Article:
Redesigning a job role

Redesigning a job role

As a hiring manager, you’ll spend a lot of time assessing an applicant’s suitability for a role. However, in a skills-short market, you may find you’re sourcing great candidates who meet 90 per cent of the search criteria, are a culture fit and have ambition, but just don’t check every single box in the JD. In instances like this, it may be worth redesigning a job role instead of letting the candidate slip through your fingers.

 

Approaches to redesigning a job role

 

There are three main approaches to redesign:

    • Job enlargement
    • Job enrichment
    • Job rotation

 

The first focuses on adding new duties to an employee’s work scope, broadening their role horizontally. The second focuses on providing more autonomy and responsibility in a vertical move. The third focuses on moving the employee to a completely different area of the business in a lateral move.

 

 

When you might redesign a role

 

You might need to redesign a job role before you make a hire, or instead make changes to a long-term employee’s role due to advancements in the business.

Here are some instances where redesigning a role may be necessary:

 

1) Job requirements are outdated

 

If you’ve introduced new software into the business that has automated tasks in a job role, you will need to update an employee’s JD to reflect this. It’s also likely that automation will free up time for this employee, allowing job enlargement.

 

2) Employees are no longer engaged

 

If employees become bored or burnout, you are at risk of losing them to another company. Challenges and variety to work will help to keep your employees engaged. This is especially necessary if there are a number of repetitive tasks on an employee’s job roster.

 

3) Organisational goals change

 

The development of a new business goal may mean internal resources need to be redirected. It’s usually most appropriate for companies to use longstanding employees who understand the business and can map requirements as they explore this new goal. This is a good example of job rotation.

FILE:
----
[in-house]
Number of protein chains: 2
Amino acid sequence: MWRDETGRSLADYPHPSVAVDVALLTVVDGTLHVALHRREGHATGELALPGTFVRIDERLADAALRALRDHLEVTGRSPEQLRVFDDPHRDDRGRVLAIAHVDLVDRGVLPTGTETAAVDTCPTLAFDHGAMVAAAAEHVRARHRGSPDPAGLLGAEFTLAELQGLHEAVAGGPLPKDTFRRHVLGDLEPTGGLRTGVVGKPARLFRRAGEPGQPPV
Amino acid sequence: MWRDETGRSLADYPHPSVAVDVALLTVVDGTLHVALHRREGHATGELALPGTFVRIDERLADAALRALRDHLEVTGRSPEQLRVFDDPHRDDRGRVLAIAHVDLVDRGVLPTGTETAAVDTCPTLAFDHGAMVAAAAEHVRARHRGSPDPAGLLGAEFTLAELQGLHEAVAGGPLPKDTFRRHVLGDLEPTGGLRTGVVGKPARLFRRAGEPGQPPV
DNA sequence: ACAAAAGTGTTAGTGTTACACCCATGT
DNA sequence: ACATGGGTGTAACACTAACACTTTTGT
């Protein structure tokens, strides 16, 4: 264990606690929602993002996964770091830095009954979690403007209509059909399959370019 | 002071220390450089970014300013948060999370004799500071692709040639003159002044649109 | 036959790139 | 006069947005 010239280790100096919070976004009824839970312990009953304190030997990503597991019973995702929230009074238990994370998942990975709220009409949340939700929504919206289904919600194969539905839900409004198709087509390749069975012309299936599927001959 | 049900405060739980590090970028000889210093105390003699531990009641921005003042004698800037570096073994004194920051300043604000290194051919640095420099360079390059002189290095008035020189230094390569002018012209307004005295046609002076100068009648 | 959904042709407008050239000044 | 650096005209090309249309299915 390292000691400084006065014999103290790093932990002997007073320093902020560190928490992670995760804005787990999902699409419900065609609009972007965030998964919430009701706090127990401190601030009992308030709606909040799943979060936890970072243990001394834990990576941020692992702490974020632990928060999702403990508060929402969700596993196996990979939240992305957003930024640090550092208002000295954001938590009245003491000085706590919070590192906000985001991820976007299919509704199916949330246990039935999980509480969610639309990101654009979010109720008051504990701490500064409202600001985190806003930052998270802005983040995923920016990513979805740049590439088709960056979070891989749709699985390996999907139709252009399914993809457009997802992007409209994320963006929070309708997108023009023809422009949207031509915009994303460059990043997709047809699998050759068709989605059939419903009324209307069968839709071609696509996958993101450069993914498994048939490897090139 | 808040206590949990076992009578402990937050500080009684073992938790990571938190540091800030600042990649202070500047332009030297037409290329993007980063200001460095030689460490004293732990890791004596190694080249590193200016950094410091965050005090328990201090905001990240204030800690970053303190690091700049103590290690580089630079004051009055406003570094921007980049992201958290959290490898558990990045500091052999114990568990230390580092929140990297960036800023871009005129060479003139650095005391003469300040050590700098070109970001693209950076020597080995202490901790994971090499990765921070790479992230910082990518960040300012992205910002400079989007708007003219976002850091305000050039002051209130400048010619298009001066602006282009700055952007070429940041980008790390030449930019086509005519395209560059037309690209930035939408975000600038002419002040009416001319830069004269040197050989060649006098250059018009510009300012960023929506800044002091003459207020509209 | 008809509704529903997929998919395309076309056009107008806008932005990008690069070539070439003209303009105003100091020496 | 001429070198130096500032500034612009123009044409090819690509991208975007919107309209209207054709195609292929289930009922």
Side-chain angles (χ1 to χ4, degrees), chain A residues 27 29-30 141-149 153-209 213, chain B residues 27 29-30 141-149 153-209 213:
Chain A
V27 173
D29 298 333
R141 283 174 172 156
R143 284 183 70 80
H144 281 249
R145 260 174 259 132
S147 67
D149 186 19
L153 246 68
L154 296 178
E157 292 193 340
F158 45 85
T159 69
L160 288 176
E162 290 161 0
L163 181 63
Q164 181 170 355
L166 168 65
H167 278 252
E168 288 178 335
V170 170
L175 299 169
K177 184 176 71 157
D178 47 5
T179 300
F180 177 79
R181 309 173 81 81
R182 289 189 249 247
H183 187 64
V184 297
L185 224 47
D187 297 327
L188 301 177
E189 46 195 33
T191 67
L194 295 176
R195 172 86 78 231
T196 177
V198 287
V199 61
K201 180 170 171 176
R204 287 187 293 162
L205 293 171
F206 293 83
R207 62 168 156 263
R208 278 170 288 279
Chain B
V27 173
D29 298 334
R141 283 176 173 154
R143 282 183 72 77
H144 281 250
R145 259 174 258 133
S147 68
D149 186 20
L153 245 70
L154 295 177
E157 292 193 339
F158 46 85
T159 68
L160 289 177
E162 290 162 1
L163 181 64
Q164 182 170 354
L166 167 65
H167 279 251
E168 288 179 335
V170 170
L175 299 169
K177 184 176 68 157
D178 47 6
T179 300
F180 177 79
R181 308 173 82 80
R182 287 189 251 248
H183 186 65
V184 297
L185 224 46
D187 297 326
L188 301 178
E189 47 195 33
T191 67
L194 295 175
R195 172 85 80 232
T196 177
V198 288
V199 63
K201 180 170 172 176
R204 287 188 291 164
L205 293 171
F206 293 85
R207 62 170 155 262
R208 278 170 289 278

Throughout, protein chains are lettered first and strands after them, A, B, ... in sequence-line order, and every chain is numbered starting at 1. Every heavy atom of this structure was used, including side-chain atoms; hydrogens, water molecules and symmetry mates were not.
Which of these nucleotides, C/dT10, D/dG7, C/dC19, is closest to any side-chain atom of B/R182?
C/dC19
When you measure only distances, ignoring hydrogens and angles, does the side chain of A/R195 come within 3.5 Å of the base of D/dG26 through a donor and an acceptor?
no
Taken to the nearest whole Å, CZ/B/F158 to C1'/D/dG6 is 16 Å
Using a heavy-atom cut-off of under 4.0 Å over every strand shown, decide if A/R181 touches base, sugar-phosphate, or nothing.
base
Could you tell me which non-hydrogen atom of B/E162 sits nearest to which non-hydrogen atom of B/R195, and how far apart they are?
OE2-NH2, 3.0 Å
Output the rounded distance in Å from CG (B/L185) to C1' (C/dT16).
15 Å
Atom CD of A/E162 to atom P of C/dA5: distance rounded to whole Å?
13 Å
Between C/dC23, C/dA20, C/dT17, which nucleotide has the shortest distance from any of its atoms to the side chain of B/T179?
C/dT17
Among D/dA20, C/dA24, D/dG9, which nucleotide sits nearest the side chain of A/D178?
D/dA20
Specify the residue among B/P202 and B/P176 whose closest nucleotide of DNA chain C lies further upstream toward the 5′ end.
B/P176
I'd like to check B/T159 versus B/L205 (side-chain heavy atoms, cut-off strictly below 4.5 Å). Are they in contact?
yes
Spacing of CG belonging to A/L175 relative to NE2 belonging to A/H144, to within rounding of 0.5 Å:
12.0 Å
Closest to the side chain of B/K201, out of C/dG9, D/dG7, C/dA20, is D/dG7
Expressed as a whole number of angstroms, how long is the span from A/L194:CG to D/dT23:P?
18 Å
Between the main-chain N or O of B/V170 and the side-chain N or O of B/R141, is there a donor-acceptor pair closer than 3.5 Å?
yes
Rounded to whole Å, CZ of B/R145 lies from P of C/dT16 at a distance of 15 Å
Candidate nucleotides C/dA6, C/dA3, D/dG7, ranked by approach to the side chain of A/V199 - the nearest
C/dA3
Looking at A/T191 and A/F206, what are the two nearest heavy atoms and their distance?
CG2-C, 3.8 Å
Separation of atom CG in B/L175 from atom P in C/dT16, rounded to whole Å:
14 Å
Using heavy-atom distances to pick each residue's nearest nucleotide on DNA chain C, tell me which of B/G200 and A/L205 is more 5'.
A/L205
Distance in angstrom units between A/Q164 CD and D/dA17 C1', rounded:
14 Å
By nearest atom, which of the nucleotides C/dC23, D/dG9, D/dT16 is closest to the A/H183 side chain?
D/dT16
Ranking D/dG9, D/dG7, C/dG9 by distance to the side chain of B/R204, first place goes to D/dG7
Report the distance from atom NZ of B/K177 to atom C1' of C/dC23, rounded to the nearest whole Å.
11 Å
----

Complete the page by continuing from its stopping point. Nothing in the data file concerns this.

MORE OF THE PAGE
4) You find a great candidate

 

Often, you might happen upon a superstar applicant but the skills and experience they would bring to your company are just slightly different to the requirements of the role they are applying for. Instead of losing a great candidate because they don’t check one or two boxes, it’s worth looking at redesigning the job role. An existing employee, for instance, could be offered horizontal or vertical growth by taking on job requirements that the applicant cannot complete.

 

The theory of job redesign

 

There are many ways to approach job redesign, however, there is only one long-held theory whose results were tested and deemed reliable and conclusive. This is the ‘Jobs Characteristics Theory’ (Hackman and Oldham). We’ve included a lite summary of the theory below.

The theory specifies that the employee must experience responsibility, meaningfulness and knowledge of the outcomes of their work to find motivation in their work. The creation of these three “psychological states” come from a job having all five job characteristics:

1) Skill variety

Involving the use of different skills and talents of a person.

2) Task identity

Completing the job from beginning to end with a visible outcome.

3) Task significance

The felt impact the task has on other people and whether this is on other colleagues or has a wider impact.

4) Autonomy

Degree of independence granted to complete the task and the procedure that will be used.

5) Feedback

Whether there is clear feedback provided by the work itself or the team on how effective the task is being completed.

The absence of any of these characteristics will affect the meaningfulness an employee may feel at work. The degree of complexity to a characteristic, for example, the number of skills or degree of significance, will also affect meaningfulness.

Imagine there are two jobs that are monotonous and repetitive. One is entry-level and the second is more complex requiring more skills from the employee. When comparing the two employees, it’s much more likely that the one using more of their abilities will find the job more challenging and therefore more meaningful. The first employee engaging in elementary and monotonous tasks is more likely to become bored and disengaged.

 

Using priorities to redesign a role

 

This theory can then used as the basis for adjusting a job that isn’t working for an employee. If the employee would like more variety, consider combining a number of tasks so the types of skills required to complete the jobs will be more varied. Instead, if the employee would like more autonomy, consider loading tasks vertically. This is an example of job enrichment.

We’ve included our cheat sheet for redesigning a job role here:

Redesigning a job role


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